Startup Q&A is an interview series showcasing early-stage health, fitness, and wellness companies.
In this Q&A, Rewire Fitness co-founder and CEO Sun Sachs speaks to building cognitive resilience for athletic endeavors by holistically tracking mental recovery and physical readiness. We also discuss the market for “committed athletes” and Rewire’s emergence from beta after recent funding from Under Armour, 25madison, and more.
Can you tell us about what you’re working on at Rewire Fitness?
Sun Sachs: The reality is that everyone knows that the mental game is incredibly important to athletic performance, and yet there is no collective insight or common knowledge that is accessible to the average athlete outside of the laboratory or elite sports. This is why we founded Rewire—to bring these elite tools and techniques to the everyday athlete with the goal of helping them reach their athletic potential.
As a human performance company, we focus on providing evidence-based solutions for building mental resilience, improving mind-body recovery, and holistically tracking an athlete’s readiness to perform. We do this through three pillars: Train, Diagnose, and Recover.
To Train, we have a novel solution for audio- and visual-based brain training to help athletes build more cognitive resilience in a variety of sports training scenarios—whether it’s using our hardware or accessing pre- or post-workout via our mobile app.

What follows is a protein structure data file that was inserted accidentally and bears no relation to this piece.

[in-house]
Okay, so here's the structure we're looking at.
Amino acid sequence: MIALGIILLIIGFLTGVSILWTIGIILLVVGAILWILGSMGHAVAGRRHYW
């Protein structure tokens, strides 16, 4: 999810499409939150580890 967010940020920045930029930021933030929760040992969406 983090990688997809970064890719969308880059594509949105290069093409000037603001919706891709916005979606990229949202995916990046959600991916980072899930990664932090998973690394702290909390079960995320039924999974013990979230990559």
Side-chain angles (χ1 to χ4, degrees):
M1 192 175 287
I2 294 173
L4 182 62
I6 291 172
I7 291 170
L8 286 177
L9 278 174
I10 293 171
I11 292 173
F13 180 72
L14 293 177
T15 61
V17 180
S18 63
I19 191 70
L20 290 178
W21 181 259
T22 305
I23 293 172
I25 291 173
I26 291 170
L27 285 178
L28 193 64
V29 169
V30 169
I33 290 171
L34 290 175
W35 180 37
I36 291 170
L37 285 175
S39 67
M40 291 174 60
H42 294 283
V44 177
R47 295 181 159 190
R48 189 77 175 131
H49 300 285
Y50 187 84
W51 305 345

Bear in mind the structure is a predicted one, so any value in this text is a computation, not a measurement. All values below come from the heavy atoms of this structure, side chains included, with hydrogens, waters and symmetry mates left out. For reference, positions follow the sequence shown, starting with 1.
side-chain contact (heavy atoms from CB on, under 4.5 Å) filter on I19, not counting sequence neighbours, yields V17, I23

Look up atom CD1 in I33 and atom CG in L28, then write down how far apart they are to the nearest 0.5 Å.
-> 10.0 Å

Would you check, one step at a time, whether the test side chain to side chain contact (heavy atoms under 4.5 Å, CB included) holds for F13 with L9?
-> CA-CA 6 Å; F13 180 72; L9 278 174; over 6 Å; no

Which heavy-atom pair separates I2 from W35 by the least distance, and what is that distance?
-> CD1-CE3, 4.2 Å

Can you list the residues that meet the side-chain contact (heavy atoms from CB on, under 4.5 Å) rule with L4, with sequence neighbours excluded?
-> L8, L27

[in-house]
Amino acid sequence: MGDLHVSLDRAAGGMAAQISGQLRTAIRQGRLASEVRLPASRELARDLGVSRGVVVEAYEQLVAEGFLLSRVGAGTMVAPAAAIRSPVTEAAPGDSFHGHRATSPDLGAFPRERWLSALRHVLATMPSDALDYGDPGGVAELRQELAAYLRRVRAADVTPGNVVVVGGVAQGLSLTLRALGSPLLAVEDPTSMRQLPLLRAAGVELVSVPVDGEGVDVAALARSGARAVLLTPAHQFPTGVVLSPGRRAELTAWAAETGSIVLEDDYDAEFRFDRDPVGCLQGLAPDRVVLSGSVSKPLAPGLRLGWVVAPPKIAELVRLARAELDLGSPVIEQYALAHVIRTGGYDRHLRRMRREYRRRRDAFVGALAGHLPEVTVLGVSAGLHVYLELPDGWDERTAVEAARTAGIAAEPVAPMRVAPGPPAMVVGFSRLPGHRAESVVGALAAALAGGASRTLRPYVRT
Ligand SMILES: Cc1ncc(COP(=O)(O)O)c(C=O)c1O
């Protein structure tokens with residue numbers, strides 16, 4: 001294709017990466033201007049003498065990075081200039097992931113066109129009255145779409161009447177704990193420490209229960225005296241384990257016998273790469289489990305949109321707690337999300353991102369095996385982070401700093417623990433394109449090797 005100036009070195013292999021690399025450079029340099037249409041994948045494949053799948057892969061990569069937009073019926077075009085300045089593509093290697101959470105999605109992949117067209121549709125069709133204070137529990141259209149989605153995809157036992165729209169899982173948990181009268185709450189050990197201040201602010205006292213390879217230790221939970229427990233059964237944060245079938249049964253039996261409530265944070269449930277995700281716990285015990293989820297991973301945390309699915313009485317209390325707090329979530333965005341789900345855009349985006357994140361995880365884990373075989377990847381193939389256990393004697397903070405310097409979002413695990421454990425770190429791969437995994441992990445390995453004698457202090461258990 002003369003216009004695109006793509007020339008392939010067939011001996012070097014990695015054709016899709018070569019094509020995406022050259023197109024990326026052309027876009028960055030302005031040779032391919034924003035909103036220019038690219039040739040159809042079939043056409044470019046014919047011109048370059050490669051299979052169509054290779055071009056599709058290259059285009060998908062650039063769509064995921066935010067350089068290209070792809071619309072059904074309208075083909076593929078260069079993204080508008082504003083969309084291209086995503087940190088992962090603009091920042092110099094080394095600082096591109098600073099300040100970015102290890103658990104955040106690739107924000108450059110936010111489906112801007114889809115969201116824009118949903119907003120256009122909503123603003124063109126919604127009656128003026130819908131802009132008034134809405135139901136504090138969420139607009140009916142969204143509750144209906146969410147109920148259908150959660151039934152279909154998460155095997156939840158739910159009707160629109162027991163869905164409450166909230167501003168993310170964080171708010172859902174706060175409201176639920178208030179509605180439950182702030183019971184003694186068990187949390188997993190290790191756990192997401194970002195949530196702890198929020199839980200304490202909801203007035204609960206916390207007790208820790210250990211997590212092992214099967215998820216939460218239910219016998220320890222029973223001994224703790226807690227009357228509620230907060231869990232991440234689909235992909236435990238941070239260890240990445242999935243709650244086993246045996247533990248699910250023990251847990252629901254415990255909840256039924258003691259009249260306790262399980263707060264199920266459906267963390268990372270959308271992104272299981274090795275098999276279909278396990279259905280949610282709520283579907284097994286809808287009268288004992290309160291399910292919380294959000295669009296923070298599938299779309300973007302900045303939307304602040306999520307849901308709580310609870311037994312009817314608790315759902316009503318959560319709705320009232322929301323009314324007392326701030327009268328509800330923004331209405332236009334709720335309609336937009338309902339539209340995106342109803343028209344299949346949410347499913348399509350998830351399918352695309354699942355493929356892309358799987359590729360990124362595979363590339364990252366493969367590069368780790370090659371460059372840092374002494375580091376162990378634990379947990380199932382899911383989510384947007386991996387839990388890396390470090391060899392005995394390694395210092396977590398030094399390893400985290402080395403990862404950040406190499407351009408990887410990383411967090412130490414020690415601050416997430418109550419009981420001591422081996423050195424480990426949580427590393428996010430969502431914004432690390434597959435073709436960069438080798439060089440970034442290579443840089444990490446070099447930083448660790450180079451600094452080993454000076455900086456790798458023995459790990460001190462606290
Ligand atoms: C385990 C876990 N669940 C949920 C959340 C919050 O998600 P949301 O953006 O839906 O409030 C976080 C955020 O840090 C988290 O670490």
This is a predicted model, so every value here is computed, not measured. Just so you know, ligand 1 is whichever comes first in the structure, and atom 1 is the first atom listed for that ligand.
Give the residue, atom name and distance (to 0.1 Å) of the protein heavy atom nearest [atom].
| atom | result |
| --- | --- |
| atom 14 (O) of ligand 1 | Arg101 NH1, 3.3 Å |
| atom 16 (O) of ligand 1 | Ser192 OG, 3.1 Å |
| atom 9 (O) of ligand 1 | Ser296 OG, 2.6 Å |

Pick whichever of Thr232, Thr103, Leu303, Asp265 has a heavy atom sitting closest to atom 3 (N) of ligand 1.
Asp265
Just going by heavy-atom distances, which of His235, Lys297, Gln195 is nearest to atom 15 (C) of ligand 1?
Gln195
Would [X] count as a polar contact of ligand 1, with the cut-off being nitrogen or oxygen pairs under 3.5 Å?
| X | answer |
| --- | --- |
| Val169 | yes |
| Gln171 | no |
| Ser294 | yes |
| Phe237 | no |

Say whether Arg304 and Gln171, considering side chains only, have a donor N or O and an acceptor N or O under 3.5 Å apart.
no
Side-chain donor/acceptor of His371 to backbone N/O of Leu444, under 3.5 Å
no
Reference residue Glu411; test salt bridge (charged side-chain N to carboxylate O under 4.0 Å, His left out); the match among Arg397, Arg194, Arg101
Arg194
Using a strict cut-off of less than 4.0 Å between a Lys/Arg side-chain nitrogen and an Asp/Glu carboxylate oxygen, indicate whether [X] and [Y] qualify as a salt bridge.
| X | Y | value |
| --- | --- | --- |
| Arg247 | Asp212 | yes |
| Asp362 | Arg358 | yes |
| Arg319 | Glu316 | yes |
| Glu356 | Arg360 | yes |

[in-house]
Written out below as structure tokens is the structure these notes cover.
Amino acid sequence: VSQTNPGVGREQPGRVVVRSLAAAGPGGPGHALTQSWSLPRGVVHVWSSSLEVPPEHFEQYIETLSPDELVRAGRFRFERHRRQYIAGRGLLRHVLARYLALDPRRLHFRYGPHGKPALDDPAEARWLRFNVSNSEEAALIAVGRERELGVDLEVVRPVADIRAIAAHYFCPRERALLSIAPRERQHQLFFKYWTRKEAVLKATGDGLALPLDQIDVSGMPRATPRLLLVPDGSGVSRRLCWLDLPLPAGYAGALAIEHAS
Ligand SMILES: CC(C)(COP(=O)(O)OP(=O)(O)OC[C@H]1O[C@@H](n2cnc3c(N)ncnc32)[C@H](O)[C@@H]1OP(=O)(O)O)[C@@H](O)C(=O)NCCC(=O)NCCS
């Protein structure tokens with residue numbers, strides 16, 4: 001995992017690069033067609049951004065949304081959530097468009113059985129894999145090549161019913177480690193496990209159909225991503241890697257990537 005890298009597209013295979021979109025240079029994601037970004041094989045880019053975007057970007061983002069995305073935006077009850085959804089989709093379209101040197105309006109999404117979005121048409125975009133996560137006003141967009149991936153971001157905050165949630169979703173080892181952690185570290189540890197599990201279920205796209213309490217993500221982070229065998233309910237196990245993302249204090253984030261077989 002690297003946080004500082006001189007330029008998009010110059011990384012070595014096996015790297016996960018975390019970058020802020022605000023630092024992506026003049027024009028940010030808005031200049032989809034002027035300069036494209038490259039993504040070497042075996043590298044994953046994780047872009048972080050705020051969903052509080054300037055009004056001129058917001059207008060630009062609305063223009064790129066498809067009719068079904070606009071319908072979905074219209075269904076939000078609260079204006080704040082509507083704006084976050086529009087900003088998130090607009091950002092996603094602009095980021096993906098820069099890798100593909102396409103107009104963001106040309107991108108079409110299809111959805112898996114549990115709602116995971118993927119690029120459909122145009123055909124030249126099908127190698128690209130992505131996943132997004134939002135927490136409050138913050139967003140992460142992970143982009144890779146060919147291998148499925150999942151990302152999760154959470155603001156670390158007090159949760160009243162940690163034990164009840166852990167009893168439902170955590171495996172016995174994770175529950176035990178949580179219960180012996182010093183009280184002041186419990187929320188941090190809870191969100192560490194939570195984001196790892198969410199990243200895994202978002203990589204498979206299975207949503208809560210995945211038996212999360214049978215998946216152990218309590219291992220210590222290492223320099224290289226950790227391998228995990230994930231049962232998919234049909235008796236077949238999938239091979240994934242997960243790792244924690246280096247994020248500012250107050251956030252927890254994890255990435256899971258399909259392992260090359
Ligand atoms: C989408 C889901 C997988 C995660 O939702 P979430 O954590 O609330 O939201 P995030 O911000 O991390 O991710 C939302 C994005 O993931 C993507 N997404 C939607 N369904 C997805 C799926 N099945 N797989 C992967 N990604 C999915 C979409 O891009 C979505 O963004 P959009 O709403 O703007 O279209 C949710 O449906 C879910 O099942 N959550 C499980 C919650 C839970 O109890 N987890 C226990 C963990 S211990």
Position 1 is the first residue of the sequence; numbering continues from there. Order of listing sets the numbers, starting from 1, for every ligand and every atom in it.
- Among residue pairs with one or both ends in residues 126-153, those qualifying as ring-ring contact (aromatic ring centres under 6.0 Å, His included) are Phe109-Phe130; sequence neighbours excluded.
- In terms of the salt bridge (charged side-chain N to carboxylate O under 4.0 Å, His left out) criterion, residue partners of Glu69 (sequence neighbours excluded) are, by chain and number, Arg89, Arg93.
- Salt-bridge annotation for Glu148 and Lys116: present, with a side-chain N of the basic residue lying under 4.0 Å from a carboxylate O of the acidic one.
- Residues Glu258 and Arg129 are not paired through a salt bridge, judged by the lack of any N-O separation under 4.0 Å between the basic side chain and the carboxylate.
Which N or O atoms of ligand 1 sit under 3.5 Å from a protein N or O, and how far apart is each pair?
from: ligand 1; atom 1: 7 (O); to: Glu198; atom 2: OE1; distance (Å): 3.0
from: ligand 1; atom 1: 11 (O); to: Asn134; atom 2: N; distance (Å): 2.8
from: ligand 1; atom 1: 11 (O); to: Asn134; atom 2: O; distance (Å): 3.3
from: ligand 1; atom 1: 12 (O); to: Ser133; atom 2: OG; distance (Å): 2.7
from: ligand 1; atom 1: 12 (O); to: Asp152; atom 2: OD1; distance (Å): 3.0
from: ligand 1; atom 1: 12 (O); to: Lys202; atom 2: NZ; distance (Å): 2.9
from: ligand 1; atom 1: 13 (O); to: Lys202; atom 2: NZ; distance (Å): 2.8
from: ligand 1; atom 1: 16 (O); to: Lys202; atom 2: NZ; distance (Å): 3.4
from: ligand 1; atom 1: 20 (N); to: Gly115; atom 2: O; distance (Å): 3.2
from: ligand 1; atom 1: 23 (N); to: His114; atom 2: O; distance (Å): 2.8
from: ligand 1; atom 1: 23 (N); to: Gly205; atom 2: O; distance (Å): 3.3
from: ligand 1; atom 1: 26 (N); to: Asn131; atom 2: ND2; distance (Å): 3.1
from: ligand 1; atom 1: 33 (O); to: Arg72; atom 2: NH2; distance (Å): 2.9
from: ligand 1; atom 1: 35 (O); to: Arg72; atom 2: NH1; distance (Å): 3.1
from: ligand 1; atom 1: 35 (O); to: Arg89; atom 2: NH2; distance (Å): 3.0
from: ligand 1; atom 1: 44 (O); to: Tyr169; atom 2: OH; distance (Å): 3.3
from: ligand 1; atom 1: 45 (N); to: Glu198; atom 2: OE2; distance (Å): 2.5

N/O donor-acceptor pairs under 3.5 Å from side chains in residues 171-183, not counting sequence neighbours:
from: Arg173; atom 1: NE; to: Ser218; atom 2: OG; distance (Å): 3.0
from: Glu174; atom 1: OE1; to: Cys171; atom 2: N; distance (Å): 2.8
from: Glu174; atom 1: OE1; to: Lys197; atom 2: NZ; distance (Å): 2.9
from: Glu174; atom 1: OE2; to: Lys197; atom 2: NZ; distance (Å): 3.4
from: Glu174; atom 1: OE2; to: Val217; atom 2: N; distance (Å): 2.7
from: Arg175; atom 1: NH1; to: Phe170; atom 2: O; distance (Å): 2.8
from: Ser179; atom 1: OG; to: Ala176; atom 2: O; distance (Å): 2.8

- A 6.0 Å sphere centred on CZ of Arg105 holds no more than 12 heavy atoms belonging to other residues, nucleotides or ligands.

We have a holistic readiness tracker that incorporates physical, emotional, and cognitive measures from both third-party and natively captured data sources in order to more accurately Diagnose an athlete’s readiness to perform each day.
The final piece, Recover, provides a mind-body solution and recommendation engine that has a similar efficacy to meditation. Ours goes a step further by offering subjective and objective metrics along with active and passive modes to easily fit into an athlete’s time-crunched lifestyle.
How did you come up with the idea? What key insight led you to pursue this opportunity?
SS: Since founding the company three years ago with my other co-founders, who all have a background in sport, we’ve spoken to a lot of athletes from professionals to weekend warriors and everyone in between.
We always ask athletes a simple question: “What percentage of your performance can be attributed to mental and how much to physical?” Depending on the sport, the typical answer skews 50–95% mental. If we follow up to ask how much time the athlete spends training their mind, there’s usually an awkward silence that follows.
As a former elite cyclist, lifelong endurance athlete, and self-described performance geek, I had been aware of the science around building more cognitive resilience as a way of improving athletic performance. I had been waiting for a commercial version of the science to come to market for four-plus years, and then one day, when I was on the bike trainer, I had an epiphany for how it could be done.
With my 25 years in software and hardware development, I was able to build a prototype in a few weeks with Cody Rotwein (my first co-founder), started beta testing, filed a patent, and added two more amazing co-founders, Rizala Carrington and Ed Gibbins. The rest is history.
How did you turn your idea into a company?